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Styles of non-monogamy: the ideal and the reality (Poly Means Many – May 2013)

The past 15 years have given me the opportunity to be involved in all varieties of non-monogamy (except polygamy/polyandry, but I don’t much miss that). I’ve done open relationships, ‘dating’, non-hierarchical polyamory, hierarchical polyamory, polyfidelity and swinging (in my case, this was more like ‘sluttery’). I’ve been polyamorous when single (solo/unpartnered polyamory), poly while having one partner, and poly in a triad.  I could talk to you for hours about the pros and cons of each of these set ups.  (NB: I won’t go into specific definitions of what these different types of non-monogamy entail, as Rarely Wears Lipstick has a good entry defining many of them here. You can also reference the wikipedia article on non-monogamy:  and this chart by Franklin Veaux highlights some interesting overlaps and differences in styles of non-monogamy.)

I was in a very serious marriage-type partnership for eight years in which I (rather unsuccessfully) dated people outside that relationship nearly the whole time.  I would class this as more of an ‘open relationship’: I had a lot of stability in one relationship but almost none in my other relationships.  I then became single, practicing solo polyamory and the aforementioned sluttery.  This was a lot of fun but offered me no security or greater depth of relationship.  A short time later I experienced being partnered in a triad and as a secondary, which was an entirely new experience for me.  While I enjoyed it I sorely missed having an ‘anchor’, and so I came to have a closer affinity to non-hierarchical poly.  I then became involved in two serious partnership-type relationships and continued to subscribe to non-hierarchical poly during that period.  This time I enjoyed having two strong anchors, but both took a lot of energy to engage in and my other relationships (such as friendships) may have suffered due to lack of time.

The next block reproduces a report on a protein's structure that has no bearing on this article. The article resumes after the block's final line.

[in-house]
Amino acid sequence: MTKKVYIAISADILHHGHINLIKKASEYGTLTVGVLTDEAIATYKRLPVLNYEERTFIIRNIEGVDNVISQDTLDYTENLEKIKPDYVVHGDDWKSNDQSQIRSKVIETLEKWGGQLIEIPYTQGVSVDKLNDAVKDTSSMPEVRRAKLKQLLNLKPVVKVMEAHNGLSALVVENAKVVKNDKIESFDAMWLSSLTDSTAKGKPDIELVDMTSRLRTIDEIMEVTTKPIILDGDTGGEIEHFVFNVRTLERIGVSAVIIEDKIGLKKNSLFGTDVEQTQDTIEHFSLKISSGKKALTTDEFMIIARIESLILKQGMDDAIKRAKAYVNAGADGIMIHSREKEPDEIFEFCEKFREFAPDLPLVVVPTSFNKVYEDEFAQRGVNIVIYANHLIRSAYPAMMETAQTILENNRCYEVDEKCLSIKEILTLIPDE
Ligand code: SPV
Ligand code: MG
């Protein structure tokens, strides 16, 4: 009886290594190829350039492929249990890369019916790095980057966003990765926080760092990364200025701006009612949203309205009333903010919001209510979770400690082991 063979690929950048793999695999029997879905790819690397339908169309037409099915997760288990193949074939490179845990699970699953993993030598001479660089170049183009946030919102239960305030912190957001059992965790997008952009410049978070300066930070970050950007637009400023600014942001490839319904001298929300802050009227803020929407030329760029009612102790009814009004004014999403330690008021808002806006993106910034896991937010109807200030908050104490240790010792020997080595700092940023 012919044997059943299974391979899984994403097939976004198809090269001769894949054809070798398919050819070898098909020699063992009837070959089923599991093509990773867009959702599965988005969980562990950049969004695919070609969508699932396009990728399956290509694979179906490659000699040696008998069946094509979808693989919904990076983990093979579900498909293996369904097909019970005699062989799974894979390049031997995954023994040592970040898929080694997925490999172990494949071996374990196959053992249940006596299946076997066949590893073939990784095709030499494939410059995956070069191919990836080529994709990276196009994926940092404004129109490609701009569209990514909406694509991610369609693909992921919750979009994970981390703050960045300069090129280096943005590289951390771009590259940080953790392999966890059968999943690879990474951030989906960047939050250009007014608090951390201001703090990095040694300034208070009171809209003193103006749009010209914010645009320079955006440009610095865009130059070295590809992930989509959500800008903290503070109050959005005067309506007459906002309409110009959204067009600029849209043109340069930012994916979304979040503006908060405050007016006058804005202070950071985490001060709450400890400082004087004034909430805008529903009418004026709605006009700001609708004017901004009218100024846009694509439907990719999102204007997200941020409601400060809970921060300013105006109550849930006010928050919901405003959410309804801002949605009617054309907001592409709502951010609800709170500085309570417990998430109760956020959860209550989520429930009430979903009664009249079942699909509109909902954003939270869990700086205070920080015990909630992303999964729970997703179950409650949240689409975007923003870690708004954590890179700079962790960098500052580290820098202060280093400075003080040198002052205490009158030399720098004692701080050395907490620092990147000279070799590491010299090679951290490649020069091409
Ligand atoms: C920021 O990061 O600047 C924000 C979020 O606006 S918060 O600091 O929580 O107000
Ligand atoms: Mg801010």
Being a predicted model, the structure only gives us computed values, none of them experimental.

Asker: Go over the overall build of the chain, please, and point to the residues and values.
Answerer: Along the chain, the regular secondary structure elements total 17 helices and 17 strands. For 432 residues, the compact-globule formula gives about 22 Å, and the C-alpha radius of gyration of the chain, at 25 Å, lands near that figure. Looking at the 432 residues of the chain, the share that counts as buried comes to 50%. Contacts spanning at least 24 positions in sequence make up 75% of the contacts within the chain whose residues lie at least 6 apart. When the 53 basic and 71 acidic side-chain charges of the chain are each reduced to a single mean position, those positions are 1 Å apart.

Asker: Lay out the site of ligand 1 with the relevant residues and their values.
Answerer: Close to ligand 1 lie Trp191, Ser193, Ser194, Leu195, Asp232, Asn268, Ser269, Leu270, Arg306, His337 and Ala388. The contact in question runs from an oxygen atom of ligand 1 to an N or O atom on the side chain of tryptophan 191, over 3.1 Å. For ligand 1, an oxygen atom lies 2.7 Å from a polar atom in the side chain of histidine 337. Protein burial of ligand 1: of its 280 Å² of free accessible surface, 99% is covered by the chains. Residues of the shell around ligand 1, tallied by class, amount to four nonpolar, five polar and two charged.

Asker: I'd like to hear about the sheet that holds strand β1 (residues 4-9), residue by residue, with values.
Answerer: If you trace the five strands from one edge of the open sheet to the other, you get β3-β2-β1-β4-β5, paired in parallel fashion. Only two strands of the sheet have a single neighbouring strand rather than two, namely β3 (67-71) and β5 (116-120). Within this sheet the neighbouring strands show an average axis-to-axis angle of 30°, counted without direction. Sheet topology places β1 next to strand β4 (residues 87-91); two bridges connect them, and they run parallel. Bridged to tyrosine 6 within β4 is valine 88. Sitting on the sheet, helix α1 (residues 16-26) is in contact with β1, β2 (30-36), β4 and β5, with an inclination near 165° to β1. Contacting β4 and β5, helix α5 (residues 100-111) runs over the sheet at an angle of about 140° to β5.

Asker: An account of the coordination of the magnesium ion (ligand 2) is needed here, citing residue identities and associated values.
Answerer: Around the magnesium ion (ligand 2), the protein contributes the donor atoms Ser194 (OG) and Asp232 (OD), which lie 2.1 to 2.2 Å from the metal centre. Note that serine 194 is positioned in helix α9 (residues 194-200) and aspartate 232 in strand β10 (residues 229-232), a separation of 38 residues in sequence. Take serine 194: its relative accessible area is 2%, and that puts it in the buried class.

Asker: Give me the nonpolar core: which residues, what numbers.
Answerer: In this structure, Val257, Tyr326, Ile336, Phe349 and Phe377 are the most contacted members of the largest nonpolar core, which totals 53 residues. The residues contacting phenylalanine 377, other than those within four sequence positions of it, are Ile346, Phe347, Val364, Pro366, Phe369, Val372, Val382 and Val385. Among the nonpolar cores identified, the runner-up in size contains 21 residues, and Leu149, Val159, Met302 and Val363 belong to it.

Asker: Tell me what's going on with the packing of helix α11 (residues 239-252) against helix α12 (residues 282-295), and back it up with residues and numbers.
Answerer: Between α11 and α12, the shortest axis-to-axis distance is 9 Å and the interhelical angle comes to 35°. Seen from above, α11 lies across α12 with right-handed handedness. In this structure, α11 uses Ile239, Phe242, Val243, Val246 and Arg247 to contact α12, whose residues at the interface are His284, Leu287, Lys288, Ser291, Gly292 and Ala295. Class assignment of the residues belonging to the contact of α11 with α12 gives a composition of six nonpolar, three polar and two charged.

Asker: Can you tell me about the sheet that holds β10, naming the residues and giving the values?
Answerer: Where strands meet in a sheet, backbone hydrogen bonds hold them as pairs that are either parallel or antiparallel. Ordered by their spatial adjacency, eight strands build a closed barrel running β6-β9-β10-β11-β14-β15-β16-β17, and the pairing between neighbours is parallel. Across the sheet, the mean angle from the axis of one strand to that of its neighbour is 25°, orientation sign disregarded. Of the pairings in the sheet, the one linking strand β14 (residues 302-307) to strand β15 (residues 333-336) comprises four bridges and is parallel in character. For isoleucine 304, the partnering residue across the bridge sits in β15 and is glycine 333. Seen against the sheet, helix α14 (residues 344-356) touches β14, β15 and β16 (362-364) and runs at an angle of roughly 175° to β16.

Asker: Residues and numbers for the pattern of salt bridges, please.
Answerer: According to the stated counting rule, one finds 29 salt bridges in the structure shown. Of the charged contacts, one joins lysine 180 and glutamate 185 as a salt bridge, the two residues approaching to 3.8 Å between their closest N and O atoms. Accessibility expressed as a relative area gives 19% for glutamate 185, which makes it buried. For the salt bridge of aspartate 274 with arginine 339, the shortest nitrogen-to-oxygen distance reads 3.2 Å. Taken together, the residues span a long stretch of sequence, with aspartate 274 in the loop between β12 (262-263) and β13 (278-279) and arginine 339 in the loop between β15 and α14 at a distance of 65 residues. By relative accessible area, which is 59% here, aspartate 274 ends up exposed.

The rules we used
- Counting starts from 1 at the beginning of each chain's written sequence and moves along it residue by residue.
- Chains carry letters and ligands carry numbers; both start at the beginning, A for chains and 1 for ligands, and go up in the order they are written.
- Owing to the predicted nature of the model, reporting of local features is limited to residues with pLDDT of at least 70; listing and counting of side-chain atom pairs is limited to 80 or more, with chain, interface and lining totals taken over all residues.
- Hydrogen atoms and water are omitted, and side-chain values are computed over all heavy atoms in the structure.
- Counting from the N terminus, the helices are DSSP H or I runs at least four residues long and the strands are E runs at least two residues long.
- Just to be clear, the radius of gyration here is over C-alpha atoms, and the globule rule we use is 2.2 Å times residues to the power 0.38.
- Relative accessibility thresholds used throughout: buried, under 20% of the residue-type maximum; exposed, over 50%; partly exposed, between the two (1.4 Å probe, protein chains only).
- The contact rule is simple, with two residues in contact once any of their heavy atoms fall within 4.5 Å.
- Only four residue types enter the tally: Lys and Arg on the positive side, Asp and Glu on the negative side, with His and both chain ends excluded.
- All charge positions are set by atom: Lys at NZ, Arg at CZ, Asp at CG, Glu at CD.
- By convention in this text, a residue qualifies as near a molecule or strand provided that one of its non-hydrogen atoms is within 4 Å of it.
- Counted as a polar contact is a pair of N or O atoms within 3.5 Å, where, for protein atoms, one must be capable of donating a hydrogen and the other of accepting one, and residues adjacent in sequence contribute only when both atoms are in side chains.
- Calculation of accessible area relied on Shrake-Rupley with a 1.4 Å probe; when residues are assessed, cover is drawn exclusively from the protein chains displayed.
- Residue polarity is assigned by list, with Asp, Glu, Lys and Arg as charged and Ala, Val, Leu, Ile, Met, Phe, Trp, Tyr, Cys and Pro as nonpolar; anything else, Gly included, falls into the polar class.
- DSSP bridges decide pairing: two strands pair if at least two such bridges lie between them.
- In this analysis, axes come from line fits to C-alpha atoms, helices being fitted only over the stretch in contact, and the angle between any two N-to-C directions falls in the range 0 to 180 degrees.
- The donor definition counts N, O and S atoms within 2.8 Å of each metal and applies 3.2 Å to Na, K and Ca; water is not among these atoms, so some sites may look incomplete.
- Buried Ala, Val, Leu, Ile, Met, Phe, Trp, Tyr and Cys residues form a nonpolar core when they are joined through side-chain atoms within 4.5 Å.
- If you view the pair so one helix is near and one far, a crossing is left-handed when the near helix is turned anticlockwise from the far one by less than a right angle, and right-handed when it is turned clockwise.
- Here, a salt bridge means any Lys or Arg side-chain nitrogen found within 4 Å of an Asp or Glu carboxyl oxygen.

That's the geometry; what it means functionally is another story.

For various reasons one of those relationships ended,  and for several months now I have found myself being poly with one partner. Recently, I’ve gone on dates with several people. I’m perhaps ‘dating’ someone I really enjoy spending time with now, but as I will be moving continents in a few months, my inclination to get into another serious intense long-term relationship is not as strong as it has been previously. I’m cautiously realistic about long-distance relationships. If or when I have children, I imagine that I may practice a more hierarchical form of poly, if only because my kids will unquestionably be my top priority as well as any co-parents I might have (please note: this could be more than one other person!).

For ages, I had the closest affinity with non-hierarchical polyfidelity. I think this is because I spent my early teens dreaming about having both a husband and a wife. Although I see polyfidelity in a different (less gendered) way now, it still attracts me in many ways. But my point is that despite whatever ‘ideal’ I have, the right approach for me is as much a product of circumstance. Any ideal simply might not fit with the shape my life is taking. One thing I’ve noticed, is that it can be difficult to find partners who are willing to try non-hierarchical poly when they are already very seriously partnered up or intimidated by my current relationship.

My relationship style may also change and adapt based on the preferences of who I am dating at the time. Some may think of this as fickle, but I think of it as realistic and practical.  One of the most important skills of a polyamorous person is negotiating ‘flexible boundaries’ (a term I first heard on the ALBJ blog on the post about boundaries and rules). While I cannot say whether any given style of non-monogamy is somehow superior to others, being able to negotiate what type of non-monogamy you want to practice over time is one of the most fundamental negotiations of all.